Surrey Tour Part 1 – Banstead Downs Golf Course Review


I should firstly explain the purpose of the deviation from our usual approach to course reviews. This summer, the HotShotGolf team visited four courses in Surrey, as part of a miniature tour played out as an Open-style tournament (with cumulative stableford scores, rather than cumulative strokeplay).

Whilst each review will still provide our unique take on the courses and their merits or drawbacks; we are keen to give you a flavour of how the 4 days went, as well as an idea of how easy it is to organise a tour of this nature. Therefore, along with the reviews, we have compiled a list of top tips, and what to look out for when deciding on the courses you want to play.

We spent a couple of days hammering out the details; the plan was to play four courses across a Friday, Saturday and Sunday in July. As two of us are based in Scotland, we got the train down on Thursday night, throwing the clubs into the Guard’s Carriage, at no extra cost. We were then able to meet up with our good friend and HotShotGolf’s founder Fraz TY, who is based in London.

When deciding which courses to play, we did a bit of research online to see what deals were out there. There weren’t many great reviews of the courses in the area (or maybe we just couldn’t find them) – so we took a couple rules of thumb: yardage, and price. Obviously the bigger the yardage and the higher the price tends to mean a higher quality of course; but as we all play with handicaps in the teens (12, 15 and 17), we were aiming for something more middle of the road.

In the end, we went for a mixture of private and public courses; with Banstead Downs, Surrey National, Horton Park, and The Oaks all being selected. Therefore our selection does not represent the best, or our most desired courses to play in the area – but it definitely gives a good representation of what is available in the area, and all for a reasonable price.  

The Course

Banstead Downs was the first course we played, on the Friday morning, and, as members of a James Braid association course, it only cost us £20. For the quality of the course, this was an absolute bargain. We managed to get an 8.30am tee time, so were out with the keen pensioners – this is our favourite time to play as everyone is aiming to get round in under four hours and get on with their day (which, for us, was playing more golf).

Originally designed by James Braid in 1890, Banstead Downs sits on top of the Surrey Hills overlooking the city of London. Like many courses in the area, the views across the financial district of the city provide a perfect backdrop to a testing round of golf. On this particular Friday, the course was bathed in the early morning summer sun with not a breath of wind in the air – ideal conditions for a low score.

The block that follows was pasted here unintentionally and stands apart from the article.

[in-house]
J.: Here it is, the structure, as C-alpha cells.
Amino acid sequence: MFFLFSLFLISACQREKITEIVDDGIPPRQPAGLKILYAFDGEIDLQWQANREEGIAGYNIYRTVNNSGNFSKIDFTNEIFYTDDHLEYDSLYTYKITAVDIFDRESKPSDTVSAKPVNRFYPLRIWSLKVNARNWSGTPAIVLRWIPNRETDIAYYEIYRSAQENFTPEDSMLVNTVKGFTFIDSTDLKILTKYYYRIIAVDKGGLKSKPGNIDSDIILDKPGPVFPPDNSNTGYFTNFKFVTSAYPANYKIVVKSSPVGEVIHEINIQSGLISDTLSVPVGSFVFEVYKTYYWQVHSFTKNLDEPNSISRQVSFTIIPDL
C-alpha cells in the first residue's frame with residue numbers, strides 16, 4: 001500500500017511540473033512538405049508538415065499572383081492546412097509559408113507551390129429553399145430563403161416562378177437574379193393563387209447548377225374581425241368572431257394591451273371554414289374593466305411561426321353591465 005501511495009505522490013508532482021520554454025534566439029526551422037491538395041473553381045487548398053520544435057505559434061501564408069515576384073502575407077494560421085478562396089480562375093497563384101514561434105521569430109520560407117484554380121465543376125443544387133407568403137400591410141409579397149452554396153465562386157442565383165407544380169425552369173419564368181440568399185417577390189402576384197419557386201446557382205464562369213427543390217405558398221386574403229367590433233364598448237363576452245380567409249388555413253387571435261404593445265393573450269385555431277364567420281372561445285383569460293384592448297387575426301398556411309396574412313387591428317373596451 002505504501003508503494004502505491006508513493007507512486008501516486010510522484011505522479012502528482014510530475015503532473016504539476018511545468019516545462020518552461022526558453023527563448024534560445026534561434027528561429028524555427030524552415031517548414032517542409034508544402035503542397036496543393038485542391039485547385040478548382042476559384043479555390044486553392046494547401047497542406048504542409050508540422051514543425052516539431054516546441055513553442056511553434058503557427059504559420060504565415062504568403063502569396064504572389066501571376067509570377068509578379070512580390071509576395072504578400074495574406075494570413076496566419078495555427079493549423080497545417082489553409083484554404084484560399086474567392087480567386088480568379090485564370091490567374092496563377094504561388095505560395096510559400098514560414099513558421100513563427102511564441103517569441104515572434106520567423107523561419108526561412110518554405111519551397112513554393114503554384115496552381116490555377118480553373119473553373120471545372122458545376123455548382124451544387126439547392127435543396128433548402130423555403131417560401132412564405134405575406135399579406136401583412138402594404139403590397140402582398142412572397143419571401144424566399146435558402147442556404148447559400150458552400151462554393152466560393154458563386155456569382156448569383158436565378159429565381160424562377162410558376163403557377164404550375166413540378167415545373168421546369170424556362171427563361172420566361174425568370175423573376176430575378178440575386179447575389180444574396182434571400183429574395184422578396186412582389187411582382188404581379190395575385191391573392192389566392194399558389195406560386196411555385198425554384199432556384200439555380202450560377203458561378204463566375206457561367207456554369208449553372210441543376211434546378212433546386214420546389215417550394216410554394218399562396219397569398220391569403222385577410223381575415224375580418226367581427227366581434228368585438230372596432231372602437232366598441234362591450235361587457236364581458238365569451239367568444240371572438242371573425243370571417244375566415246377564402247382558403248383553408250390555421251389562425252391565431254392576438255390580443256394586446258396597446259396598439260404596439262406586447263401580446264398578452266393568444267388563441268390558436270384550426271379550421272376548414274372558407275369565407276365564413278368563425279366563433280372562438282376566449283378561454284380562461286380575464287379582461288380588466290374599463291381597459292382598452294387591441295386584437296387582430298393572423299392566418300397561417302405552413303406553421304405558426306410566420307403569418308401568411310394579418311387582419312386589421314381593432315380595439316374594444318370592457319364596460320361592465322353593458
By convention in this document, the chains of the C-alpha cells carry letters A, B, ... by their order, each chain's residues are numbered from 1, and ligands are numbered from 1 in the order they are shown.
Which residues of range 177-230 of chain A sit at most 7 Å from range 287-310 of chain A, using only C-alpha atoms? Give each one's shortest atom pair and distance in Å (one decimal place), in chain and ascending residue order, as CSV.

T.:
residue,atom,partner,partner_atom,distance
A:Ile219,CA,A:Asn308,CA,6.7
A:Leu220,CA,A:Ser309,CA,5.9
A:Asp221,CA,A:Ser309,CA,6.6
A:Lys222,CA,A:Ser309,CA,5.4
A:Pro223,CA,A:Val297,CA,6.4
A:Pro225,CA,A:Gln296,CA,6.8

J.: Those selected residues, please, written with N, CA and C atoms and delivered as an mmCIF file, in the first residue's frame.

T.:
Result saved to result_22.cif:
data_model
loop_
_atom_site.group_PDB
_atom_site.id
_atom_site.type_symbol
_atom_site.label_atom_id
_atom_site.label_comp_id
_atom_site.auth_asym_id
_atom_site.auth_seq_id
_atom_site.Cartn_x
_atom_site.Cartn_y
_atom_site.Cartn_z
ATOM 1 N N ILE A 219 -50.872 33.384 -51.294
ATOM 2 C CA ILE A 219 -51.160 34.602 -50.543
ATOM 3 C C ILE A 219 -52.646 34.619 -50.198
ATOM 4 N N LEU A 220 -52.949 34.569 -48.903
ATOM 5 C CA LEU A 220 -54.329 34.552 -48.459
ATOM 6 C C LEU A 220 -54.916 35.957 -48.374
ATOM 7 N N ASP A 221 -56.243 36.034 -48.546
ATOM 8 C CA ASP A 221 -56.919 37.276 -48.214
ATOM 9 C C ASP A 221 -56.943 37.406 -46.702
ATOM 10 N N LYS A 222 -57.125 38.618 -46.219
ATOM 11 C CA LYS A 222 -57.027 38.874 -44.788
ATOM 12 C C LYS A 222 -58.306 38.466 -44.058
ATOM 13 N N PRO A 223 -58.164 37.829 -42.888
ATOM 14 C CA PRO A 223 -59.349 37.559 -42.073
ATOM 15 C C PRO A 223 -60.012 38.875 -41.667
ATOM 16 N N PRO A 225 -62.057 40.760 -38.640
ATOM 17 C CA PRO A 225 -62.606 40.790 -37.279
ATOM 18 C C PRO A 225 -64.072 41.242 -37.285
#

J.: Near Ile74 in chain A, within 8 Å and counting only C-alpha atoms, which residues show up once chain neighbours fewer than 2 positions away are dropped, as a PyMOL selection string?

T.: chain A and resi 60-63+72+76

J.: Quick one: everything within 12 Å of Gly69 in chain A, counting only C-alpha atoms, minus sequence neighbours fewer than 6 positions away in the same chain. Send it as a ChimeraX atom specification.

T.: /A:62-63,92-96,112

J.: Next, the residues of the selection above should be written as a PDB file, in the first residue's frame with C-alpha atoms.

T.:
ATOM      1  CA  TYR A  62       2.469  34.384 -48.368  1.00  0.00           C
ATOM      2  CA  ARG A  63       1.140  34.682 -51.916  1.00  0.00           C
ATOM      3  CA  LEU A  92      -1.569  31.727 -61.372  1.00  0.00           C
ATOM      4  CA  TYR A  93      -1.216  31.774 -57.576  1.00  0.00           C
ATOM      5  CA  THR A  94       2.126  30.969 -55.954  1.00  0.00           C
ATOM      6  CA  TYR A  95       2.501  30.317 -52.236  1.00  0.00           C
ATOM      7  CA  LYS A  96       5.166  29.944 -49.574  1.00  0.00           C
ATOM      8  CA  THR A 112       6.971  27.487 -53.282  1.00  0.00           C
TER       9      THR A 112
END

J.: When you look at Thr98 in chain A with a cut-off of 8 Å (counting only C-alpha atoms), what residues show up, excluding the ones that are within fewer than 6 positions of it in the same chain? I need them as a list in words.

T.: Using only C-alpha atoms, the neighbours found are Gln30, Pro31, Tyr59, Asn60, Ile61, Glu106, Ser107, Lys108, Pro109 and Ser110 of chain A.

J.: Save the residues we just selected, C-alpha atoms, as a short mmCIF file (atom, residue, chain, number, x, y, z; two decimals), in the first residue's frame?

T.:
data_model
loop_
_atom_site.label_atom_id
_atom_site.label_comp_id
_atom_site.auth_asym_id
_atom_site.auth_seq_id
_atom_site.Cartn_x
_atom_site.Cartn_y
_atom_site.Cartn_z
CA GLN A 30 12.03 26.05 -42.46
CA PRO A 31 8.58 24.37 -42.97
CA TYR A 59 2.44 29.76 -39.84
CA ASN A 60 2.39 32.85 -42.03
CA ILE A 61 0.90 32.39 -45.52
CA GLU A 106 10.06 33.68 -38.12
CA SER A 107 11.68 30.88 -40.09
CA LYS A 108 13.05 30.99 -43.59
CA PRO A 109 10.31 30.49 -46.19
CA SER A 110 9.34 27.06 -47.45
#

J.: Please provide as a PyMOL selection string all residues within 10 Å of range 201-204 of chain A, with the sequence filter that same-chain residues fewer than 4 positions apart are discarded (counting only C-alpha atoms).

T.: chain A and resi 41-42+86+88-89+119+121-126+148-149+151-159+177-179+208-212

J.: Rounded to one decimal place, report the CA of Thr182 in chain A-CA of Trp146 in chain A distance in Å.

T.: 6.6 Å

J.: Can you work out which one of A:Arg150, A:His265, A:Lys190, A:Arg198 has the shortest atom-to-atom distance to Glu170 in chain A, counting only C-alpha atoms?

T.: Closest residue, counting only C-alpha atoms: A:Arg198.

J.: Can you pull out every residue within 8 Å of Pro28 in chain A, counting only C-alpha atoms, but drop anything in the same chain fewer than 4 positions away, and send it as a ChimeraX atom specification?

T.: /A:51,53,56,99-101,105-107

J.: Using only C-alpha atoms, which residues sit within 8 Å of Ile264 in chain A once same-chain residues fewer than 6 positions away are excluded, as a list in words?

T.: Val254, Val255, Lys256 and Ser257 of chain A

The course plays 6,581 yards (6,018m) with a par of 71; however it is not it’s length that will challenge a golfer, but the tight fairways and quick greens. Expect to lose a ball or two if you are taking an aggressive approach to tee shots, but, due to the clever layout of the course; where there is risk, there is reward. Nothing epitomises this more than the four par-4s in excess of 400-yards. Piping a solid drive down the middle will still leave you with a bit to do with your approach shot, but trying to get there with three irons is a big ask – particularly as your third shot will still be attacking the green from over 150 yards.

Of the four courses we played on our Surrey golf trip, this was by far the highest quality. HotShotGolf was most impressed with the variety of holes, boasting three par-5s and four par-3s, along with the range of par-4s out there. Holes play both up and down hill, and the course has utilised the space expertly. The only drawback would be the A217 running through the middle of the course – which you have to cross after the 6th and cross back after the 12th. It’s not the noise from the duel-carriage way that was the issue but lugging a set of clubs over four lanes of fast flowing traffic – without finding out what a lorry tyre tastes like. However, as this was the only contentious point of the whole course, we can safely say it was a very enjoyable experience.